At the root of many contemporary debates over the civil justice or tort system — debates over punitive damages, preemption, and tort reform more broadly — are underlying questions about the justification for the civil jury. The United States is the only country that still uses a jury in civil cases, and most civil jury trials are tort trials. The jury has more power to decide questions of law in tort than in any other area of law, so any serious discussion of tort law must have the civil jury at its center.
The debate over the jury — in both the academic literature and the public domain — tends to focus on how good or bad it is as an adjudicative institution. But its justification has often been based on its value as a political institution.
In this Article, I look at the theory, concepts, and empirical evidence behind four principal justifications for the civil jury as a political institution: (1) acting as a check on government and corporate power, (2) injecting community norms into the legal system, (3) providing legitimacy for the civil justice system, and (4) fostering political and civic engagement among citizens.
I tentatively conclude that the benefits of the civil jury as a political institution are overstated and provide suggestions for improving the functioning of the jury as a political institution and for further empirical research.
An article by trial lawyer Melvin Dubinsky published in "The Practical Lawyer" may be of interest to torts-practitioners. The article, Making the Most of Graphics for Trial, provides tips for using graphics in various tort cases such as car accident, and property liability cases, as well as illustrating damages through PowerPoint slides.
Monday, September 10, 2012
The Chamber's Institute for Legal Reform has released the 2012 Lawsuit Climate Report. The report surveys in-house general counsel, and senior attorneys at companies with at least $100 million in annual revenues about their perceptions of the states' tort systems. According to the report, "[t]he worst jurisdiction was Chicago/Cook County, Illinois (17%), followed by Los Angeles, California (16%), the state of California in general (9%), San Francisco, California (9%), and Philadelphia, Pennsylvania (8%)."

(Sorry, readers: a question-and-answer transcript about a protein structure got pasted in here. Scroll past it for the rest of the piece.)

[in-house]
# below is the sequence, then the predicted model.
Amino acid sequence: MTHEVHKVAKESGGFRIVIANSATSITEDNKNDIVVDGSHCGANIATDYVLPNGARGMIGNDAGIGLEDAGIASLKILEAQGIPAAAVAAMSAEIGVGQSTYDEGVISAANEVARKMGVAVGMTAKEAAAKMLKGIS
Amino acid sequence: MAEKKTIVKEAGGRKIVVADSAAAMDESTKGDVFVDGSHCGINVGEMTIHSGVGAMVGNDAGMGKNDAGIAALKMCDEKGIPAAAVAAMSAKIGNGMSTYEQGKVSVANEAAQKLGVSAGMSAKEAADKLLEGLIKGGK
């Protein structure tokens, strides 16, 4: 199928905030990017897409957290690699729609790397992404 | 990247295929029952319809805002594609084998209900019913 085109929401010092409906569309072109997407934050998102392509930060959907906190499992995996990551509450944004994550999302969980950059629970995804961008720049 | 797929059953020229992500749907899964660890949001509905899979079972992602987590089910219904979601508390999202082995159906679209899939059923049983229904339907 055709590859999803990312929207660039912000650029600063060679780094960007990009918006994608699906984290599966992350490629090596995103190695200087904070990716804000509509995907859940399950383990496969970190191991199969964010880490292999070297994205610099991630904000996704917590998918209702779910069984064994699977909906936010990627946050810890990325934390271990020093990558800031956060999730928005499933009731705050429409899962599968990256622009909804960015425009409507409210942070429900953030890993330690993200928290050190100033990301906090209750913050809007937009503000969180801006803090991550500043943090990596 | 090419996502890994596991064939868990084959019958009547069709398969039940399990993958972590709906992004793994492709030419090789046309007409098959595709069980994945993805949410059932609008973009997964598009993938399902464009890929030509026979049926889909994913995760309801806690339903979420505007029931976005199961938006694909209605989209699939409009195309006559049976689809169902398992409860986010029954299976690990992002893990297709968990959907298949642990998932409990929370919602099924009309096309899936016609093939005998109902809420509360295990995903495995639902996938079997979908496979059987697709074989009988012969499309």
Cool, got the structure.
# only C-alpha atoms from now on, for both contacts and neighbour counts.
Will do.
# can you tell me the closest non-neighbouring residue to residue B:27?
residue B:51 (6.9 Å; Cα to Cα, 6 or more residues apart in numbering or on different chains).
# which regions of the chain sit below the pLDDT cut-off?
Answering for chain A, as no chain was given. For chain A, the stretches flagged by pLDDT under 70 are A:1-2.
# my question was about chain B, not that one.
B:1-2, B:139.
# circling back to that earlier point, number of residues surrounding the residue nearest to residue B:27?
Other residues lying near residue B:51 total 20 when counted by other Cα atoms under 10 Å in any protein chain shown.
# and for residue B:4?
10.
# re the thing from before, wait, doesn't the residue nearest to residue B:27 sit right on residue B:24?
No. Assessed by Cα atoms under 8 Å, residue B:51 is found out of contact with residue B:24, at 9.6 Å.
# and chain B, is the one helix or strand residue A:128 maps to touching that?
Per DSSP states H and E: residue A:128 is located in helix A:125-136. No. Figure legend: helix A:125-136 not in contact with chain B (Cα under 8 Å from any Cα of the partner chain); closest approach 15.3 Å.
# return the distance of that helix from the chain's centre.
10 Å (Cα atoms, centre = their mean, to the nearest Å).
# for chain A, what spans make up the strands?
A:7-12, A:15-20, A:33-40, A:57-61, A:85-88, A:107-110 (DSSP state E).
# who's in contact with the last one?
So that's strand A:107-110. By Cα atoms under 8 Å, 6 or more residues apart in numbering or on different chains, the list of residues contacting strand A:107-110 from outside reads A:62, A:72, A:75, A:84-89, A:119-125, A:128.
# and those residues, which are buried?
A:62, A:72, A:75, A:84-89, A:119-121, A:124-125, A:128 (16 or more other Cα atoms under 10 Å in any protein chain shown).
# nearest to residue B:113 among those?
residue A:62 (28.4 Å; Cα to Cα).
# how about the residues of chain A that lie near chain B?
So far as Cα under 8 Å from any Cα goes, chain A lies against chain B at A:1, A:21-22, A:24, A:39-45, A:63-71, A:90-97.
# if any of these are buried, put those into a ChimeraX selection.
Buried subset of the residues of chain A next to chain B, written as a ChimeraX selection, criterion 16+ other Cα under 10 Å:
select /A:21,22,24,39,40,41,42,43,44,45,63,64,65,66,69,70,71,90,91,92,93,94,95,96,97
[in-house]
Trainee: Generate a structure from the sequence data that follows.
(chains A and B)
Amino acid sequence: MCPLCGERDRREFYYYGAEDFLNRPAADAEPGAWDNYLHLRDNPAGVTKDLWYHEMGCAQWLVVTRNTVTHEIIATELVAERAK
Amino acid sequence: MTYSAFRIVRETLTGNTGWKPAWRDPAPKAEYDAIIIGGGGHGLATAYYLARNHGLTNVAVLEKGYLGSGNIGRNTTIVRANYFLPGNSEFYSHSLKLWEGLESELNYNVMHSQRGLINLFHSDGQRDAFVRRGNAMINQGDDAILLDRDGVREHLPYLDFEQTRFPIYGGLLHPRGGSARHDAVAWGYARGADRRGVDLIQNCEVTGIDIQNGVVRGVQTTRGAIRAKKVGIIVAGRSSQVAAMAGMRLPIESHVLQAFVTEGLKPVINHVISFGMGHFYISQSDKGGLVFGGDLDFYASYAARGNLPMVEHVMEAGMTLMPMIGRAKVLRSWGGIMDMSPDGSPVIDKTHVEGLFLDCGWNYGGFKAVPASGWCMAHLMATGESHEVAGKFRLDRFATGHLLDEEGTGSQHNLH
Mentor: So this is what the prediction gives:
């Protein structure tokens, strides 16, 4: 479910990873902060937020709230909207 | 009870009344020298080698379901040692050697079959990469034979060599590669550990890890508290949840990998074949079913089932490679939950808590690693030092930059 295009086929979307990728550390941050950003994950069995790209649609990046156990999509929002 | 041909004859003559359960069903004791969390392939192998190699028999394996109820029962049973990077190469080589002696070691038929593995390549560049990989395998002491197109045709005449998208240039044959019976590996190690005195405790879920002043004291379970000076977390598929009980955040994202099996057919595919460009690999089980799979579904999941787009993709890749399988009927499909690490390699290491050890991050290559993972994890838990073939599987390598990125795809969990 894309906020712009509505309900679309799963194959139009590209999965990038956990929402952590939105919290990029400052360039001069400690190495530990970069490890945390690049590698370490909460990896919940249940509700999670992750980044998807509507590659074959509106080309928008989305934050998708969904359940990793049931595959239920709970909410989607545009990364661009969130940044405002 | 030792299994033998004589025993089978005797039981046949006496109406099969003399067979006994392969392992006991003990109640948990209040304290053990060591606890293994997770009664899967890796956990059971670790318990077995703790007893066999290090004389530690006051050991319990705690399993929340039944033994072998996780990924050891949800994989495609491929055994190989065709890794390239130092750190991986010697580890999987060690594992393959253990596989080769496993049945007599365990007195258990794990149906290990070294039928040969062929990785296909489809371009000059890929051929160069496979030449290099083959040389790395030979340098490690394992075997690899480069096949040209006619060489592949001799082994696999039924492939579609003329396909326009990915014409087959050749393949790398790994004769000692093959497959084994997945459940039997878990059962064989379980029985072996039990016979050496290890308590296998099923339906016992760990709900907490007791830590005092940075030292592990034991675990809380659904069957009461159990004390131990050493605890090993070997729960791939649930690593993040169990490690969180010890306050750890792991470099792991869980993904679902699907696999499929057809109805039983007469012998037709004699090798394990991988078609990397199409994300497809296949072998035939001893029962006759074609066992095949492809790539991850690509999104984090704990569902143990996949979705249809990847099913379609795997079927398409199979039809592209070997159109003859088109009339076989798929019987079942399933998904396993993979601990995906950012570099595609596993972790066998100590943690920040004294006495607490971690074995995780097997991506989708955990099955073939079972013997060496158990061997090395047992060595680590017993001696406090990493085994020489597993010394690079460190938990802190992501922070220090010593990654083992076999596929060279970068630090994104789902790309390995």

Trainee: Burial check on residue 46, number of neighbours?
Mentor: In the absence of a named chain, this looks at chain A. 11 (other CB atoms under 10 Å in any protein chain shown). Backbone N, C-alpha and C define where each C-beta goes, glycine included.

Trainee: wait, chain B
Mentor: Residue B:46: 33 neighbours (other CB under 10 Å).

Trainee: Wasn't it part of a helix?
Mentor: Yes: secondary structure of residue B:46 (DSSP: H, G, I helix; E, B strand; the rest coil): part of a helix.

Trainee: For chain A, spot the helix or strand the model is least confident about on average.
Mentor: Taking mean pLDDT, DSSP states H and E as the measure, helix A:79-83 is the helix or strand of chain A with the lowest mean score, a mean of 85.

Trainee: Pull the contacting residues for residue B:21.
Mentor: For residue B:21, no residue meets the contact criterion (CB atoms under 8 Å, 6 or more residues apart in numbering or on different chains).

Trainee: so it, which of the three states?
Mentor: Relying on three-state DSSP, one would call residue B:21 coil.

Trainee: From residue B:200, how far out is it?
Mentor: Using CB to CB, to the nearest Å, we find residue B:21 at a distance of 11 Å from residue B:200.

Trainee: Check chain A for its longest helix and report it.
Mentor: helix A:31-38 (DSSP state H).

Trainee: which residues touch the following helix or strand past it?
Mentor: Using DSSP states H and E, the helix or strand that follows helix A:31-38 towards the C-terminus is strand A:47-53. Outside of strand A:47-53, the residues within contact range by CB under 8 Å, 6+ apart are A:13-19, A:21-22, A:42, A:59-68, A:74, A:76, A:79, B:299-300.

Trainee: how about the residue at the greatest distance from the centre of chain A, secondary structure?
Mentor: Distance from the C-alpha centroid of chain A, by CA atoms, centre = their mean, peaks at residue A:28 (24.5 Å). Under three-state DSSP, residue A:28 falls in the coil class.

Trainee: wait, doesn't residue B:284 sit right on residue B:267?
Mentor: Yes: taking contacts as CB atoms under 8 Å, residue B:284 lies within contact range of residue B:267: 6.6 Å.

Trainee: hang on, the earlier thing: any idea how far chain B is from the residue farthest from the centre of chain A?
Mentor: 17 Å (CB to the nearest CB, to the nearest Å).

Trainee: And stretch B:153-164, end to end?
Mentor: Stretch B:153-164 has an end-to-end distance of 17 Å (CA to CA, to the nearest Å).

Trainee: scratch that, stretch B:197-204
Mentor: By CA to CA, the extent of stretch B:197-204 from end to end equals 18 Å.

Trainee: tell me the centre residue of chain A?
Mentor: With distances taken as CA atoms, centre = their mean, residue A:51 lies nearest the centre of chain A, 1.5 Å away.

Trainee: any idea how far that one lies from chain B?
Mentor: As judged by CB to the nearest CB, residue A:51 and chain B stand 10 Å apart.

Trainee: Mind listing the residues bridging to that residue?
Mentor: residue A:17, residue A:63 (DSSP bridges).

A pdf of the report is also available.
Thursday, September 6, 2012
Wednesday, September 5, 2012
In a federal case in Virginia, the number of"likes" an allegedly defamatory Facebook page received was admissible, but a punitive damages award was reduced. Peter Vieth of Virginia Lawyers Weekly has the story:
A federal judge says a dog trainer who claimed he was defamed by online accusations of animal abuse was entitled to tell a jury how many people “liked” the offending Facebook page, a federal judge has ruled.
Nevertheless, U.S. District Judge James Cacheris said the jury’s “grossly excessive” $60,000 punitive damages verdict in favor of the dog trainer should be cut by three quarters. Cacheris says the defendant can either accept the reduction of punitives to $15,000 or take a new trial.
The full story is here.
Monday, September 3, 2012
The Associated Press reports that a woman has pled guilty for submitting false claims to the state tort fund created to compenstate the victims of the Indiana State Fair stage collapse in 2011. This example raises the interesting question about how to prevent fraudulent claims when administering a compensation fund.
Sunday, September 2, 2012
Saturday, September 1, 2012